Chris Meloni is a sneakily good actor. He was equally convincing as Elliot Stabler on Law and Order: SVU, as the colonel in Man of Steel, as the vicious schemer Chris Keller on Oz, and as Roman Zimojic on True Blood. Now he can add another “born to play it” role: Jack Dunlevy, the patriarch of a suburban family on Fox’s Surviving Jack, a series that’s not as impressive as its lead actor’s performance.
Jack, an oncologist, is an unconventional dad who speaks softly but kicks much ass. He never met a problem he couldn’t untangle. He has a quip for every occasion. His wife, Joanne (Rachel Harris), adores him, as do we. Even though she’s starting law school and leaving Jack to parent solo for the first time in his life, not for a second do we believe that Jack isn’t up to the task. He’s not your typical bumbling sitcom dad who needs an instruction manual to apply a Band-Aid. There’s a touch of the soldier’s mentality, or the gym coach’s, to the way Meloni carries himself in this part. He plays Jack as confident but not vain. The guy makes a living with his mind, but he can still tap his inner bruiser and intimidate his kids for their own sake. And he’s funny. Catching his sex-crazed teenage son Frankie (Connor Buckley) with girlie magazines, Jack informs him, “You will not have sex with a woman who looks like that ever in your life.” No matter who you are — a blood relation, or a hang-around neighborhood kid — Jack has his eye on you, and he has your best interests at heart. Problems arise, and you know Jack will eventually solve them. “I got this,” is his anachronistic catchphrase.
Can Surviving Jack survive in the long-term, without finding a way to make Jack vulnerable, even flummoxed or reactionary or cruel at times, without selling out his square-jawed do-gooder energy? That could be tricky. I think it’s necessary, otherwise Surviving Jack will feel like a sitcom that aired in the wrong decade — and a just-okay one at that. I got through the first couple of episodes of Surviving Jack and thought, That was amusing, but is there anything more to it?
To be fair, though, simplicity might be the main reason Fox gave it the green light: For all its frank language and situations, and despite the fact that Jack often swaggers like a non-psycho kid brother of Robert De Niro’s character in This Boy’s Life, the series has more in common with oldies like Leave It to Beaver and Father Knows Best than with most network sitcoms on the air today. It could easily be a CBS sitcom aimed squarely at “heartland” audiences — the kind of show that people under 30 never watch, but that parents and grandparents never miss. The tone says: Life can be sad and strange, and we make lots of mistake as we live it, but if you’re brave and good, you’ll make it through just fine.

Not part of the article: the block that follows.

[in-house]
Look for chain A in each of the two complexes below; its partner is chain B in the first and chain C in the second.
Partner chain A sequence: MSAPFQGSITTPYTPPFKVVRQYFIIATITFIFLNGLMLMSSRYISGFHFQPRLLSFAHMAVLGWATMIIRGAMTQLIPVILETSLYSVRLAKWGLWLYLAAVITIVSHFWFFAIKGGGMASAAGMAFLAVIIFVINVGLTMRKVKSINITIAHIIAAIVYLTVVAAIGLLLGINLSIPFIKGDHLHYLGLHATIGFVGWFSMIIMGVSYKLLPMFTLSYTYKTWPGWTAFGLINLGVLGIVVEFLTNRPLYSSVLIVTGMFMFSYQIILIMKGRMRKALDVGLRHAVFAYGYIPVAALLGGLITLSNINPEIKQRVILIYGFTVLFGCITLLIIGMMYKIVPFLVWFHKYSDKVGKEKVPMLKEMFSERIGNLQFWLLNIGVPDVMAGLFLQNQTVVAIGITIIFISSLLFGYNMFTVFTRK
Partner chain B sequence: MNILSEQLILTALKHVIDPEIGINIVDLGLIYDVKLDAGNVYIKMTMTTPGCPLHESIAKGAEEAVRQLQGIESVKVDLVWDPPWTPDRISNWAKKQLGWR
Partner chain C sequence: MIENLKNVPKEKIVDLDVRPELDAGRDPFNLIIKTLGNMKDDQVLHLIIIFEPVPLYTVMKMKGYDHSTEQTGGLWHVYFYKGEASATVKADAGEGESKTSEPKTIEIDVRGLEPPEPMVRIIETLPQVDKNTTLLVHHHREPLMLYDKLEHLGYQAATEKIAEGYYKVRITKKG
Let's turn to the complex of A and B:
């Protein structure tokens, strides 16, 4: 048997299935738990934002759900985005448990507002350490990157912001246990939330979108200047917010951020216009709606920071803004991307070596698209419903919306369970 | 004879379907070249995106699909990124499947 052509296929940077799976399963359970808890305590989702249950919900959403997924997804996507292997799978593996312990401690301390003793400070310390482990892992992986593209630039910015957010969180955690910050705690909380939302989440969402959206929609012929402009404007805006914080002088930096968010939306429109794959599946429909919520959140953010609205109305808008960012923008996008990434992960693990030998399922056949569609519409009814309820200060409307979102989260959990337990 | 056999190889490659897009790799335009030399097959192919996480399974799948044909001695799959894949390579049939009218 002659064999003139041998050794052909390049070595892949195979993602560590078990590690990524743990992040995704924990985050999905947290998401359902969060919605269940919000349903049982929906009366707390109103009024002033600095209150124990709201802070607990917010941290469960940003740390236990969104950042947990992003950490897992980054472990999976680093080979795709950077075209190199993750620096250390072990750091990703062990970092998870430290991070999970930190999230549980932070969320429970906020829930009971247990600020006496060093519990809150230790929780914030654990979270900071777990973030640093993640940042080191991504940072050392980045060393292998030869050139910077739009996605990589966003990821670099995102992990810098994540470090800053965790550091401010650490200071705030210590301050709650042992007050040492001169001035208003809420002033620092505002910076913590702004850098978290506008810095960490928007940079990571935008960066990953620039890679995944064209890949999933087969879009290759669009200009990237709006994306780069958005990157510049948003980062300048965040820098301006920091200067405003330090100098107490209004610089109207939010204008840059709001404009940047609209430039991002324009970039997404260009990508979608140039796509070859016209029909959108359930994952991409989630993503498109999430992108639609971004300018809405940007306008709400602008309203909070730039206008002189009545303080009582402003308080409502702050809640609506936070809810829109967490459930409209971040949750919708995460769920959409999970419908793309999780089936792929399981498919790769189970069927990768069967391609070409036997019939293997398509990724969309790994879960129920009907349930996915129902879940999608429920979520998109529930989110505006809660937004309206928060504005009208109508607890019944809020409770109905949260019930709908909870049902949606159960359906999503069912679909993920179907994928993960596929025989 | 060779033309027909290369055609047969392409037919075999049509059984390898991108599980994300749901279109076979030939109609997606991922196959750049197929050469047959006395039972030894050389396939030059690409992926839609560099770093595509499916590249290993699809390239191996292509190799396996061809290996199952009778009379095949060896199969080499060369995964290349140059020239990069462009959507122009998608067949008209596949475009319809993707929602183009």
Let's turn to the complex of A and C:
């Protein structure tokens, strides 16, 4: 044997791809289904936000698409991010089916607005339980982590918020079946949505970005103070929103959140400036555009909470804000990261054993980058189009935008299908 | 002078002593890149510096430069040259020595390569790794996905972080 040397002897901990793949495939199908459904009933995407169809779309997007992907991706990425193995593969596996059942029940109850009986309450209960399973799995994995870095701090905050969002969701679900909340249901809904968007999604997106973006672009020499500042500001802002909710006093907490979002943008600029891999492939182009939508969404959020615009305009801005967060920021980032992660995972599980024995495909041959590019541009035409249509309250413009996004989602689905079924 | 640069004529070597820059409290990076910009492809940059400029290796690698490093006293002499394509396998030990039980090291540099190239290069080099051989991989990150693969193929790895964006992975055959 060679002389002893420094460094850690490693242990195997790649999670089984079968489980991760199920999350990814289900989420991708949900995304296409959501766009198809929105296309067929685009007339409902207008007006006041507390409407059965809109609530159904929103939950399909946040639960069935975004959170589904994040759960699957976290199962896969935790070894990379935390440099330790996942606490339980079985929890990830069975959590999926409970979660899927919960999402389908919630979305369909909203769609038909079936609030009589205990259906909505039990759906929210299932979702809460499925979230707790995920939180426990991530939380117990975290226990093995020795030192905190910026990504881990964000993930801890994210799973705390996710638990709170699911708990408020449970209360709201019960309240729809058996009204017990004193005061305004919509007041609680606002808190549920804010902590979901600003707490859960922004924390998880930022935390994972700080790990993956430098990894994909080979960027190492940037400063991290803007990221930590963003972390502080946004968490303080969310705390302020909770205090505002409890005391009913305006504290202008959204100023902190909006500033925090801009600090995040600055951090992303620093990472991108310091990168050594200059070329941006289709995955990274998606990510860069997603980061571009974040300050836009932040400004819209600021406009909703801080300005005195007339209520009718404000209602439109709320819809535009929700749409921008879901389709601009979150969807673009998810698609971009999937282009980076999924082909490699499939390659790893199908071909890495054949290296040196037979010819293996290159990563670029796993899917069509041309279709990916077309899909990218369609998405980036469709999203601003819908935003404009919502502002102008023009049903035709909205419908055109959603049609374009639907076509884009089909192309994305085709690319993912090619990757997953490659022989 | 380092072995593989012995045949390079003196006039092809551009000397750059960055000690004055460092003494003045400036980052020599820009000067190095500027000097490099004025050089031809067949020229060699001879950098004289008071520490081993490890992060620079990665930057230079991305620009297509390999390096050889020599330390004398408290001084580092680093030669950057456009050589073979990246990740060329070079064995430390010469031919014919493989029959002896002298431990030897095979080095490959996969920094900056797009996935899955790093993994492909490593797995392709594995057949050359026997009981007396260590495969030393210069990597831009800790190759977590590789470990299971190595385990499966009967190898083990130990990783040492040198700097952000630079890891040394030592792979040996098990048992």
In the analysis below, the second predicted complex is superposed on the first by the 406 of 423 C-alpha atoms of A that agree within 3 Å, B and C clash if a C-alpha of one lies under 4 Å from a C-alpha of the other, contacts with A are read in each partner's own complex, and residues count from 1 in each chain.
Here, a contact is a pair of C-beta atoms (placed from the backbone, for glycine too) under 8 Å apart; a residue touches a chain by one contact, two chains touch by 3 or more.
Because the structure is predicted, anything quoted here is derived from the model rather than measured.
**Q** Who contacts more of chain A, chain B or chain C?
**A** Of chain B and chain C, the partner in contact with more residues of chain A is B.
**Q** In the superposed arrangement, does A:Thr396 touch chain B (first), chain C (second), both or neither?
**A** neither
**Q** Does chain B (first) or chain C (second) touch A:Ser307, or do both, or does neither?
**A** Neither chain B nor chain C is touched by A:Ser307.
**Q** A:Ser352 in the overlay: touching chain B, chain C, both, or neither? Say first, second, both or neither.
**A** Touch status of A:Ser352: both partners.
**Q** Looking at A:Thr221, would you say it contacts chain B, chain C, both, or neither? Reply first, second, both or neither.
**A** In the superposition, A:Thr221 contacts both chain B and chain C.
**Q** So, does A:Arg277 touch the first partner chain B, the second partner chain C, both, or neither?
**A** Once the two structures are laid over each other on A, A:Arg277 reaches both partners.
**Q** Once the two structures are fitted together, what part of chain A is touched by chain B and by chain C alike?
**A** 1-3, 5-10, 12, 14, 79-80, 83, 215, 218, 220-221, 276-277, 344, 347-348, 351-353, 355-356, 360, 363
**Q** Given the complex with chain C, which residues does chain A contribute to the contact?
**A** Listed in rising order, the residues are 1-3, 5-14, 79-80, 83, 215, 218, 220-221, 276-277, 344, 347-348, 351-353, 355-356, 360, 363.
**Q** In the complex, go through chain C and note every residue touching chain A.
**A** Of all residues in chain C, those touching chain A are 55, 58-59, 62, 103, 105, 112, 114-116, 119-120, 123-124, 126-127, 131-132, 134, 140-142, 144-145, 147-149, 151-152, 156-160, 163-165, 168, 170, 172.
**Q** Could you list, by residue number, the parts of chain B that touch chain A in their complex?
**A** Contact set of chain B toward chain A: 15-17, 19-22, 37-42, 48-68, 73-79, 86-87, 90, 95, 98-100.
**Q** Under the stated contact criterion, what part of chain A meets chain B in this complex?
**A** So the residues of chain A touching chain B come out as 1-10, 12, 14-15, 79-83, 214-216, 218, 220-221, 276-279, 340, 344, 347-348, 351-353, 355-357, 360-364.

It may surprise no one to learn that Surviving Jack is co-created and written by Justin Halpern, creator of $#*! My Dad Says. The source material is kind of a prequel to $#*! , a memoir of Halpern’s teenage years titled I Suck at Girls. Like $#*! My Dad Says, it pretends to be a hilariously blunt look at family life, but it’s actually super-flattering to the patriarch. Halpern treats his father the way Cameron Crowe treated his mother in his memoir-movie Almost Famous, making him seem eccentric and brusque and often crude, but always a pillar of strength and virtue, and rarely wrong. It’s the memoirist version of you answering a job application question about your biggest fault with, “I’m a perfectionist.” As in the Fox sitcom, the book’s version of Jack is such a wit that I wouldn’t have been surprised if I Suck at Girls had ended with the teenage narrator stumbling upon a hidden passageway that led to a secret radio room in the cellar of his house, where he discovered a fallout shelter filled with kidnapped comedy writers feeding his dad material through a radio earpiece. (When the book’s hero calls long distance to tell his father that he’s just spent two hours in the Louvre, the old man quips, “Nice. Two thousand years of priceless works of art and you bust through it in two hours. Eat shit, Da Vinci.”)
Father (profanely) knows best, no doubt. Whether Fox does, too, is an open question.